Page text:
Author: Matt Moore


Big Lakers news! They signed Jodie Meeks! What did you guys think we were talking about?


Just to review, the Los Angeles Lakers traded draft picks they’re not going to use or need for Steve Nash, and the second best center in the league, Andrew Bynum, for the best center in the league, Dwight Howard. And they upgraded their bench.

The Los Angeles times reports that the Lakers have signed reserve wing Jodie Meeks on a two-year, $3 million deal. The signing fills the last position of need for the Lakers, adding a shooter that can play two-guard behind Kobe Bryant, with Metta World Peace needing to spend most of his time at the small forward position.

There’s been talk that the Lakers’ bench is this big gigantic concern, but they have Meeks, Antawn Jamison, Steve Blake, Jordan Hill, Chris Duhon, Earl Clark, and Andrew Goudelock. That’s a horrible starting team, Bobcats-level. But as a reserve unit? That’s not bad at all, considering the strength of their starting five. It’s not like Mike Brown’s going to do hockey substitutions. They have shooters, they have rebounders, they have guys who can manage the offense and a little bit of athleticism.

Basically, what I’m trying to say is, read their roster and despair, oh ye NBA.

LeBron James and a golden transformation

Lebron James, Kobe Bryant, Kevin Durant, Tyson Chandler

A year ago, LeBron James didn’t exist.

After mourning in his house over the loss of the NBA Finals for several weeks, dealing with the way his entire world had been turned upside down, how the public had revolted against him, James was simply absent. He rarely made appearances if ever at the NBA-NBPA meetings in futile efforts to resolve the lockout. He didn’t bring his weight to the negotiation. He didn’t do publicity tours or release cartoons or even commercials. He wasn’t making terrible, facepalm-inducing comments. He was just silent.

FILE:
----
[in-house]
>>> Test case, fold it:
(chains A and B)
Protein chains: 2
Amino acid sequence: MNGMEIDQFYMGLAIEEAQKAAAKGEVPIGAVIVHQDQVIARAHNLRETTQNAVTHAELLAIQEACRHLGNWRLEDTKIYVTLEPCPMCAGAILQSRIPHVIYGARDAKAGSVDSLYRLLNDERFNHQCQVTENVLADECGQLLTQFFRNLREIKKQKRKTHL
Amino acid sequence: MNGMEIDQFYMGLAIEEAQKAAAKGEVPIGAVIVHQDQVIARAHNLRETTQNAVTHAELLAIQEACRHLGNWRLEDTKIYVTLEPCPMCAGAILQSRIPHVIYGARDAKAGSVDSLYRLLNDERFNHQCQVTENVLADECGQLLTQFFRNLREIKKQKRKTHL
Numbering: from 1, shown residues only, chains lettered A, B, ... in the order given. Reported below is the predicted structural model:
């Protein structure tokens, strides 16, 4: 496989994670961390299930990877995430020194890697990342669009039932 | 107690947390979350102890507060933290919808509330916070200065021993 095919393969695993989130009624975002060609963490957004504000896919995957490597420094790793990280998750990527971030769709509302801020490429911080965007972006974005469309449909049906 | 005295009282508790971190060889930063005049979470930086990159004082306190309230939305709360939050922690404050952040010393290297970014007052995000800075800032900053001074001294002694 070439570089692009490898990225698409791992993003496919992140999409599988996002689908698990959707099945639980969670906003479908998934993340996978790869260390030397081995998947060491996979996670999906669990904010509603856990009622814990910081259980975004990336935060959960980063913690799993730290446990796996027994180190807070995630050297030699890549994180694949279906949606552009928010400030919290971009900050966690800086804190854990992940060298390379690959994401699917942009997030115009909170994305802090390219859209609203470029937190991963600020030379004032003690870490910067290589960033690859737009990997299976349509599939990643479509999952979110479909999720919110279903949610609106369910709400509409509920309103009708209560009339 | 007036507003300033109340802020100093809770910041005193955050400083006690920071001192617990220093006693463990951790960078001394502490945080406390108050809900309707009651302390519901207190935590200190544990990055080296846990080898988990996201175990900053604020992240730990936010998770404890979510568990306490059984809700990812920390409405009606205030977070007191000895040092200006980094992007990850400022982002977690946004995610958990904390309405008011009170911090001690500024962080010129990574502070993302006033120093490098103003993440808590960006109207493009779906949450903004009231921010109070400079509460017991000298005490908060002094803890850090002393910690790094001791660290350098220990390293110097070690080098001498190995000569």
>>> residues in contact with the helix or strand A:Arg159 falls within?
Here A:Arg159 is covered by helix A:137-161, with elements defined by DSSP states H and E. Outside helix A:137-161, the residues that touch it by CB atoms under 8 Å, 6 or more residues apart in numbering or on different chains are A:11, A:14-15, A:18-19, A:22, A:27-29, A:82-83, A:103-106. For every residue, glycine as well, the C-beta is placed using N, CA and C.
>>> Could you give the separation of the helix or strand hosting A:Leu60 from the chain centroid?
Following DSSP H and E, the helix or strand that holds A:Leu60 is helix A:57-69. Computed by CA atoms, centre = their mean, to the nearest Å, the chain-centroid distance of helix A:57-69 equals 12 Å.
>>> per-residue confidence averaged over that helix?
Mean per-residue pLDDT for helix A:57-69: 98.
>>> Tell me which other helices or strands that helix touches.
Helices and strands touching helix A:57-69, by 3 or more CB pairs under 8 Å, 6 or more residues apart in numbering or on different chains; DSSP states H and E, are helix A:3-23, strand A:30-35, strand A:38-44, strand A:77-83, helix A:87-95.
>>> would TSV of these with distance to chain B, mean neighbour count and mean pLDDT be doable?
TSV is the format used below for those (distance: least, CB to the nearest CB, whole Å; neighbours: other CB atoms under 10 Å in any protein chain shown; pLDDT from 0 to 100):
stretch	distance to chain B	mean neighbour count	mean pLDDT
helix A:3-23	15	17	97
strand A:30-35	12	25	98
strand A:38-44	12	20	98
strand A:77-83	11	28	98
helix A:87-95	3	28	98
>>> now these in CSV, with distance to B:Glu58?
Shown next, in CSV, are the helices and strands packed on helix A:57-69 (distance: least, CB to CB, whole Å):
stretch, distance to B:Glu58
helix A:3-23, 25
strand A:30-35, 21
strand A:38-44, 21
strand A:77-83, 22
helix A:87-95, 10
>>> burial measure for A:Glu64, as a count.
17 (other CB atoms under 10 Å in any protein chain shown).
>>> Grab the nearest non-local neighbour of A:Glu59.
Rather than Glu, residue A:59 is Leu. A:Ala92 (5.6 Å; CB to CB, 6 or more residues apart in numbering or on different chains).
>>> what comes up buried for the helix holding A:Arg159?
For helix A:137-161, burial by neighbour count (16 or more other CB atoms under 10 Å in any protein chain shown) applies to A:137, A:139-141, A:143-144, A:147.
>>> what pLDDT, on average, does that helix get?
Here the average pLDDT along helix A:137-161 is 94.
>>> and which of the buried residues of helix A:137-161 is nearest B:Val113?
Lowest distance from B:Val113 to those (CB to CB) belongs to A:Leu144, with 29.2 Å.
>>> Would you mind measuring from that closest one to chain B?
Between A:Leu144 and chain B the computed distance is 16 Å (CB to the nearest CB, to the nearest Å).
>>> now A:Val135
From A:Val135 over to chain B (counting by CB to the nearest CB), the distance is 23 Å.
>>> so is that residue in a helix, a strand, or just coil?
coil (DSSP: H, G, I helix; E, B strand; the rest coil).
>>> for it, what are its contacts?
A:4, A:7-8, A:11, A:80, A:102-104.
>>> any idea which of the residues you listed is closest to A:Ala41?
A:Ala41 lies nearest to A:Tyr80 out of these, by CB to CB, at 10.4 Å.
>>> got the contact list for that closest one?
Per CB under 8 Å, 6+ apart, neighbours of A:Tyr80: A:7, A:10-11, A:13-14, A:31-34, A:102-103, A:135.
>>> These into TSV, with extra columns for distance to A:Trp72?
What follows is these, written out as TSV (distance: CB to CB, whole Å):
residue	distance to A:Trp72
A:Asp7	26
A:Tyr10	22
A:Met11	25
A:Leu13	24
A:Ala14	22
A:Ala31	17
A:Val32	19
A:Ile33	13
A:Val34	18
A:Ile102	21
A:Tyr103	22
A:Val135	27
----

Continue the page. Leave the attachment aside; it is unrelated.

He didn’t exist.

Twelve months later, and James’ statements have been made with his actions. And his exposure is not in the form of boneheaded press conference comments or a television special in a plaid shirt, but in the simple step to the podium and a grasp of his legacy.

If the NBA Finals were the rise of James as the undisputed best player in the world and a dramatic shift in his legacy, Sunday’s win over Spain in the gold medal game of the 2012 Olympic games was the cementing of that identity. Draped in the American flag on NBC, when asked about his accomplishments over the past year, James responded with nothing complex, controversial, or self-centered. It was simple.

“This is all about USA.”

In truth, the Olympics showed maybe even more than the NBA season what James’ stature is. On a team of the greatest players in the world, James was the rock. When the offense stalled, James would force his way to the rim with his singular athleticism. When the ball movement became stagnant, James would probe, post, and dish, drawing multiple defenders and leaving players like Kevin Durant and Carmelo Anthony wide open on the perimeter. It was an elite showing of his all-around, every-position skills.

Late in the fourth, Rudy Fernandez foolishly went to challenge a ball-fake from James, leaving the lane wide open when Marc Gasol rotated to cover an off-ball screen. James detonated to the rim and finished with authority. His three-pointer minutes later was the kind of shot he said he was done with, but its satisfying fall through the net a reminder that there is no shot he can’t hit, no ability he does not have in the bag.